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Tom Jantol Interviews...er....Tom Jantol!

Dress rehearsal for the Premiere of "Wizard of Os: The Fish Incident"

Of course, nothing associated with Mr. Tom Jantol is traditional or even predictable. I think that's one of the main reasons why I like him and his work so much. So, while trying to follow up on the idea that maybe Tom would like to post some sort of "directors statement" to help viewers understand his new film; or perhaps a short interview that might give viewers a background on Tom and his work, he sent me the following interview....with himself.

Take it away, Tom!

F.A.Q. you, Tom

Q: Are you schizophrenic?

A: No, I am not. Tom Jantol is. Or maybe other way around, I am not sure. Any other movie related question?


Q: It is movie related. Very reason I am asking this is split personality of your movie. Split on any level I can think of. For beginning, story is confusing (probably something what your Europeans read as artistic); The Tin Win man in chase for flying fish!? Of course, fish is made of old geographic map. What the hell is this?

A: As you said, we European call that art. No explanation for art. By the way, I like "Tin Win" name. Not bad, almost European.

Q: Seriously, in movie you had every attention to be experimental, technically and story wise, and yet you build whole movie on oldest possible cliche - the chase. Good guy chasing bad guy. So, what is experimental in cliche?

A: It is experimental cliche. Another good term. You know, you sound as somebody which movie I will like to see. Are you a movie maker?


Q: I am the one with questions. And no, I don't making movies, have better things to do. Again, what so special about weird Tom chasing strange Jerry?

A: I like cliche. Because it is so easy to hate them. What I like the most about them is this infamous universal level of recognition. Hero against villain situations is part of our everyday life, of everything we think or do. Of course, we jump often from role to role but it is that kind of simplicity what drives us to make till another day without loosing sanity or to make another movie, book or song.


Q: Well, I am not sure this is what I was asking...

A: Yes, you do. But I am probably unable to answer you anything about movie without some some kind of framework. I live in Croatia, country small in everything except history. And just in the middle of my life, this country history had dramatic change of... everything. Socialistic country became capitalistic over night, culture oriented to east starts to run to opposite direction, and suddenly - childhood with Yuriy Norshteyn's movies was replaced with Schrek 8. Huge legacy of wonderful "Zagreb School of animation", at that time the stronger animation philosophy in whole universe, starts to fade away behind cheap Disney copycats. Everything changed in political, cultural, social, any possible way. And of course, war did the final job; anything and anybody with even resemblance to healthy brain was put on side, in shade where they still are, without chance to come out.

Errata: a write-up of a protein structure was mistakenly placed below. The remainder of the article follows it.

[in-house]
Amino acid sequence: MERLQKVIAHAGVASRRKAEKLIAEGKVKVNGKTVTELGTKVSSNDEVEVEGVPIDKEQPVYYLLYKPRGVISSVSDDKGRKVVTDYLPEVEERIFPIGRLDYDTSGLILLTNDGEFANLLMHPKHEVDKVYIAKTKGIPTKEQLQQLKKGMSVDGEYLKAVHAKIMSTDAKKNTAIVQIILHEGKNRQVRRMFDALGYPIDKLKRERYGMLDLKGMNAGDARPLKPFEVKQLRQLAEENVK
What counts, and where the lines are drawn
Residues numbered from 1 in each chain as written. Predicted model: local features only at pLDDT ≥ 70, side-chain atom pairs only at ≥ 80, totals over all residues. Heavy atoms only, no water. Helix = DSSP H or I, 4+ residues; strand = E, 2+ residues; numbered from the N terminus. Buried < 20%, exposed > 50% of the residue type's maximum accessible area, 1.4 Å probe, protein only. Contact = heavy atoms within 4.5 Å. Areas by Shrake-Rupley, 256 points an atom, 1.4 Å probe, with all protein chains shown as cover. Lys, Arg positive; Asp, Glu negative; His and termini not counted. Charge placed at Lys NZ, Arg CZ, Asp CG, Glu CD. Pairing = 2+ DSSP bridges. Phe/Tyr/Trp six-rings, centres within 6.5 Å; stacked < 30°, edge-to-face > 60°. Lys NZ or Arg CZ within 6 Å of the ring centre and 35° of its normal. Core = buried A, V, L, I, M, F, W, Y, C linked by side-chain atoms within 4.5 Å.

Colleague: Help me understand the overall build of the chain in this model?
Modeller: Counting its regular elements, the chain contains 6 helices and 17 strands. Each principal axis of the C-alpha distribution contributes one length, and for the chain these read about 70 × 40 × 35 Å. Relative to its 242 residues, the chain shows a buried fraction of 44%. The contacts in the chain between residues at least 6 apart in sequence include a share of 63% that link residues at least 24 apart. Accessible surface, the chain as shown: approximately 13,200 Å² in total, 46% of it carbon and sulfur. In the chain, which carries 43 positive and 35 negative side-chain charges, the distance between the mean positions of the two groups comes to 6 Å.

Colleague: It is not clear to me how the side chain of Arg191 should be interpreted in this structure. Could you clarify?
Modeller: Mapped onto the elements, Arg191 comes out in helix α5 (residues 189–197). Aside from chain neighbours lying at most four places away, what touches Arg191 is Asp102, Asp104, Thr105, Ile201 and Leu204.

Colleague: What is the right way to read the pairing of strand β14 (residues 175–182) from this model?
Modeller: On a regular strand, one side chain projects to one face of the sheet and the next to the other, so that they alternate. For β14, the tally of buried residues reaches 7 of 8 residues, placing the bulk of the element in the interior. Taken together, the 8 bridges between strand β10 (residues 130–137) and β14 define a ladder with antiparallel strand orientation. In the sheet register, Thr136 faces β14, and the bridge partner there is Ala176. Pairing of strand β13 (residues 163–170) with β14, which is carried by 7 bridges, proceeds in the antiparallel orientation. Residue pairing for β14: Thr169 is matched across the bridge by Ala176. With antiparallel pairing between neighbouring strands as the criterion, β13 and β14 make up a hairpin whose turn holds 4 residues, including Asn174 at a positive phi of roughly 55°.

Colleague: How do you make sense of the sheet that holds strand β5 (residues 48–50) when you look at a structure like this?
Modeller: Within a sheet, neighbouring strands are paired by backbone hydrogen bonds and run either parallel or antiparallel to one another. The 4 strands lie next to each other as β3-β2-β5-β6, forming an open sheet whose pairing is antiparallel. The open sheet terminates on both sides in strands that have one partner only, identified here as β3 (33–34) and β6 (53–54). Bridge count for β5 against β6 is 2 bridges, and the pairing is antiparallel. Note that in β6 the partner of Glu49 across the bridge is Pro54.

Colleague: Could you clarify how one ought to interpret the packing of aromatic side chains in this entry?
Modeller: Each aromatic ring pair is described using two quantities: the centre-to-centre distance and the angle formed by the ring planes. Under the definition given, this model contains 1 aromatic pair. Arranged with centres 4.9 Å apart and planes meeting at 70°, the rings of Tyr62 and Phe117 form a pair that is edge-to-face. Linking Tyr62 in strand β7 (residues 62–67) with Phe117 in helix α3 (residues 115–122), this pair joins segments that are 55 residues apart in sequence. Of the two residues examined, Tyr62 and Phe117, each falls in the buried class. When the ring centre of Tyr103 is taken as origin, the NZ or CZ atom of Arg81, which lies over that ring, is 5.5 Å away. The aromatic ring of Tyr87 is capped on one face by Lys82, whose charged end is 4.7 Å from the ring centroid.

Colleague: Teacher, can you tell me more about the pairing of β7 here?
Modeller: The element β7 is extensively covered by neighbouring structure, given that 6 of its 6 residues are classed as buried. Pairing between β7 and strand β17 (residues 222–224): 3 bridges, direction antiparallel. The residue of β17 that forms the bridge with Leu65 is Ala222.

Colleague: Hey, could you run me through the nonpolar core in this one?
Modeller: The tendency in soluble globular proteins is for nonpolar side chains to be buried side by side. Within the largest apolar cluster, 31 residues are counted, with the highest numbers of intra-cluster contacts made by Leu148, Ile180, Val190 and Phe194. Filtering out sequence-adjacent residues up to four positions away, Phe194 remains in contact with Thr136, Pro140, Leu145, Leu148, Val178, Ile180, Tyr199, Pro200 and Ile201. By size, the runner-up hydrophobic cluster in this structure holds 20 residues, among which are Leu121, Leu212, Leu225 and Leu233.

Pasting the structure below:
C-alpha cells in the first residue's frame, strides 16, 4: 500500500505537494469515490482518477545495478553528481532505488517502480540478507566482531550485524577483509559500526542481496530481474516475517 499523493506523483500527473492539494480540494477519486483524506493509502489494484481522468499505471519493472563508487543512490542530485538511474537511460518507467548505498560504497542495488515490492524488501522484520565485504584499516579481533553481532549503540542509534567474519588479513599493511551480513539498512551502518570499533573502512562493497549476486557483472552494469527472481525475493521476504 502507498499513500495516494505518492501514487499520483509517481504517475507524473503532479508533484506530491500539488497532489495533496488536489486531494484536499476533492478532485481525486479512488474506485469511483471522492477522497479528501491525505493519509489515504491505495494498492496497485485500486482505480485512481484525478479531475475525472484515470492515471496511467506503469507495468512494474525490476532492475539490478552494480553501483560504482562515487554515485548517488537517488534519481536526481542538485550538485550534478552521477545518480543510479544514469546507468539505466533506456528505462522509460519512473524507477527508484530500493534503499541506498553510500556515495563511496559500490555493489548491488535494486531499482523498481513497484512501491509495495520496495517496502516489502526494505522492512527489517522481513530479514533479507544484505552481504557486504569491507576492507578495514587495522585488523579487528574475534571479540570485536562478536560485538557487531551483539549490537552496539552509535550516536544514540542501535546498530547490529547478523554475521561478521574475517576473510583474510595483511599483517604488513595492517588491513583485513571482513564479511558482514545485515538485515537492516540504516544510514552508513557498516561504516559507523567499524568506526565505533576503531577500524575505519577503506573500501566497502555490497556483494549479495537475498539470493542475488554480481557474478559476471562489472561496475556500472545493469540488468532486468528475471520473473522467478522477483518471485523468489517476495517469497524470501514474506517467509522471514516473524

Q: Still waiting for point here...

A: I was young filmmaker then. Naive half brained artist went to war as camera man and came back with absolute certainty that there is no hope to human kind, that art of any kind is to weak to change anything. Helpless art. Without any use art.

Q: Art have no use, this is why is art.

A: Well, you are much smarter then me, I don't have a clue what is art and why. I can't think that way, I must have use. So, I found one.


Q: I smell conclusion larger then life. Can you just answer something normally? For example, your movies are quite dark, why is that? In "Fish incident", if I understand correctly, winning battle over Fish was for nothing because that river of human traffic is new, bigger threat? Same was in "Bridge" where you literary crashed child to a nothing, to dot behind a word "The End". Do you really believe that hopeless end is near? Why bother than? Why make movies or any kind of art?

A: If we are all on road to hell, and we are without any doubt, somebody must takes notes. I am film maker so my notes are movies. People are already characters in every possible way, so I will use animated ones. Simple as that. Making animation for me is watching apocalypse from front seat. Exchanging notes with other observers is just inherited curiosity from that old socialistic time of my country. Nobody is perfect.

Q: I always had problems with this "I am just observer" attitude. It is so comfortable place. Nothing constructive to offer, no seeking for a solution, just criticism. And than you have a nerve to unplug yourself from any responsibility because you are.. oh, what a glorious word - observer? If this is a case, why your movie is so likable? Why need for viewers, festivals, contests? Why are you trying to portrait ugliness with so pretty pictures? This is at least dishonest.